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post #10 of 16 (permalink) Old 01-06-2021, 11:17 AM Thread Starter
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Nothing you say should be too "intense" for a properly trained therapist. They literally get paid to create a safe space for people to say the craziest things that come to mind. You should NOT be worrying about whether or not you're too annoying or whiney or whatever it is you're afraid of. That fear of honest self-expression--and fear of judgment--is what therapists are trying to help you overcome. One might be forgiven for wondering if you're not becoming avoidant toward therapy for precisely the reason you feel you need therapy (social anxiety).

It sounds like the problem is that she's dealt with the PTSD, which she was assigned to deal with, and that now you're moving onto stuff that falls outside the scope of her assignment. You may want to ask her if she can recommend someone who deals with the kinds of problems you're bringing up.
Thanks, I feel that sums it up pretty well. I'd sever ties but I feel the therapy is already getting to me a lot so I'm debating trying to talk about it with her and try to figure it out, though going by our history it'd probably only escalate things so not sure if that'll help lol. I'll keep you guys posted for anyone who cares about how this whole thing will reach its end.
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post #11 of 16 (permalink) Old 01-09-2021, 04:57 AM
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Keep us posted, @buggy .

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post #12 of 16 (permalink) Old 01-09-2021, 05:19 AM
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@SparklingWater The way you learn to think and feel about yourself as a child can be really difficult to uproot. I don't think it's impossible, but it takes time and help. And unfortunately most people get too little of either.

The environment I grew up in was probably quite a bit different from yours. There were many secrets in my family, too. Many things that you weren't allowed to talk about (and still aren't). My parents always tried to present a respectable front to other people. But there wasn't much emphasis on being perfect inside the family. There was a lot of chaos, a lot of commotion, a lot of uncertainty. I grew up in a big family, and in a family where most people have some kind of mental illness, so the way I dealt with it was by never being home if I didn't have to be. But I was away so often (at a friend's, or just wandering around the countryside by myself) that I ended up feeling irrelevant/invisible in my own family. I don't think my parents noticed whether I was there or not most of the time. There were too many people to pay attention to. So I ended up being very independent, mentally, but also very adrift. I learned that there would be no support. That nobody cared. That nobody would help me. So I've always tried to do everything on my own. "If you want to do something right, you have to do it yourself." I've taken this to the point of teaching myself psychotherapy.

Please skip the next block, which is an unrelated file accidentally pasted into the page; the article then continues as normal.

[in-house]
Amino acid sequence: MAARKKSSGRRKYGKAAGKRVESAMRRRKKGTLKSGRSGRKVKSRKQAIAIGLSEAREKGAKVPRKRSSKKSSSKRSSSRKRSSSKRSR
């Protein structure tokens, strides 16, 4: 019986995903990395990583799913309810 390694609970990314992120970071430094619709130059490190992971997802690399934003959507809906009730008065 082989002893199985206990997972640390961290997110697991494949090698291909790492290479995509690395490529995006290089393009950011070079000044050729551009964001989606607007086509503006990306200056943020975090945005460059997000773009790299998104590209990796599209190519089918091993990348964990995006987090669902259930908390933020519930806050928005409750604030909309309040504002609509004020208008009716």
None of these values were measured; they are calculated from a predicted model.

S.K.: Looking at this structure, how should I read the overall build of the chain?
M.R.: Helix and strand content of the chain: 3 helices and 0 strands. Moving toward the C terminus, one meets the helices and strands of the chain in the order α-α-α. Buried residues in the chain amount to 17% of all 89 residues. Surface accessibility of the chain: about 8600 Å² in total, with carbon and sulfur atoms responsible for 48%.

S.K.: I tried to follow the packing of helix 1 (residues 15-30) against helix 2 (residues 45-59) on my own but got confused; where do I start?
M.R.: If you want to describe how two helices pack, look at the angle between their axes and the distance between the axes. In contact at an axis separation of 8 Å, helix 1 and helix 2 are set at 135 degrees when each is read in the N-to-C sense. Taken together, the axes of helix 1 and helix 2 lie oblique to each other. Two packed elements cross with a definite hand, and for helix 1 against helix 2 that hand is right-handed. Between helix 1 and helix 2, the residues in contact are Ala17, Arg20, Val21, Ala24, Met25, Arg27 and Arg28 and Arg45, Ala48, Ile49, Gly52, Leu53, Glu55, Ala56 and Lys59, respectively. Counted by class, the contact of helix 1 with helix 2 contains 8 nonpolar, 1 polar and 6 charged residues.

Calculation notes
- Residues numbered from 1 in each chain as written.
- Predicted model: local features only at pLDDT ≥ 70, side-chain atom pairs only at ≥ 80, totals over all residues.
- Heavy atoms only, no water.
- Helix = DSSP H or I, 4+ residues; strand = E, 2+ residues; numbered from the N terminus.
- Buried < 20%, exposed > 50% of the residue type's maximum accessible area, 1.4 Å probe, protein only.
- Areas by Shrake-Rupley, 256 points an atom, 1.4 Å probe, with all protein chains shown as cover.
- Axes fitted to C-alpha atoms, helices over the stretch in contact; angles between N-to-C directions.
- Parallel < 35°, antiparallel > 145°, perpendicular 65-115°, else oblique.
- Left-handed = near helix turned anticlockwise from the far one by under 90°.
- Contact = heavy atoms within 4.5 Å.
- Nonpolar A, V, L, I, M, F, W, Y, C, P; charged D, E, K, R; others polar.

To this day I can't have a serious conversation with my parents. It just doesn't feel appropriate to share feelings in our family. Which is why half of us don't communicate at all. Even when we are forced to see each other, we just sit around in silence, watching TV. And even in therapy I find it hard to believe that my therapist cares or will actually help me. I feel like it's better to assume nobody does and nobody can. The only person you can count on is yourself. So I always end up holding back in relationships, too. I find it easy to cut ties with people because I never let myself get dependent on them. ("Easy come, easy go.") In a way, this is good, because I also don't care what people think about me. People can talk about me behind my back all they want. I won't lose any sleep over it. But it's a problem because you can't actually do everything yourself. Everyone needs some kind of support.

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post #13 of 16 (permalink) Old 02-02-2021, 03:14 PM Thread Starter
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@SparklingWater The way you learn to think and feel about yourself as a child can be really difficult to uproot. I don't think it's impossible, but it takes time and help. And unfortunately most people get too little of either.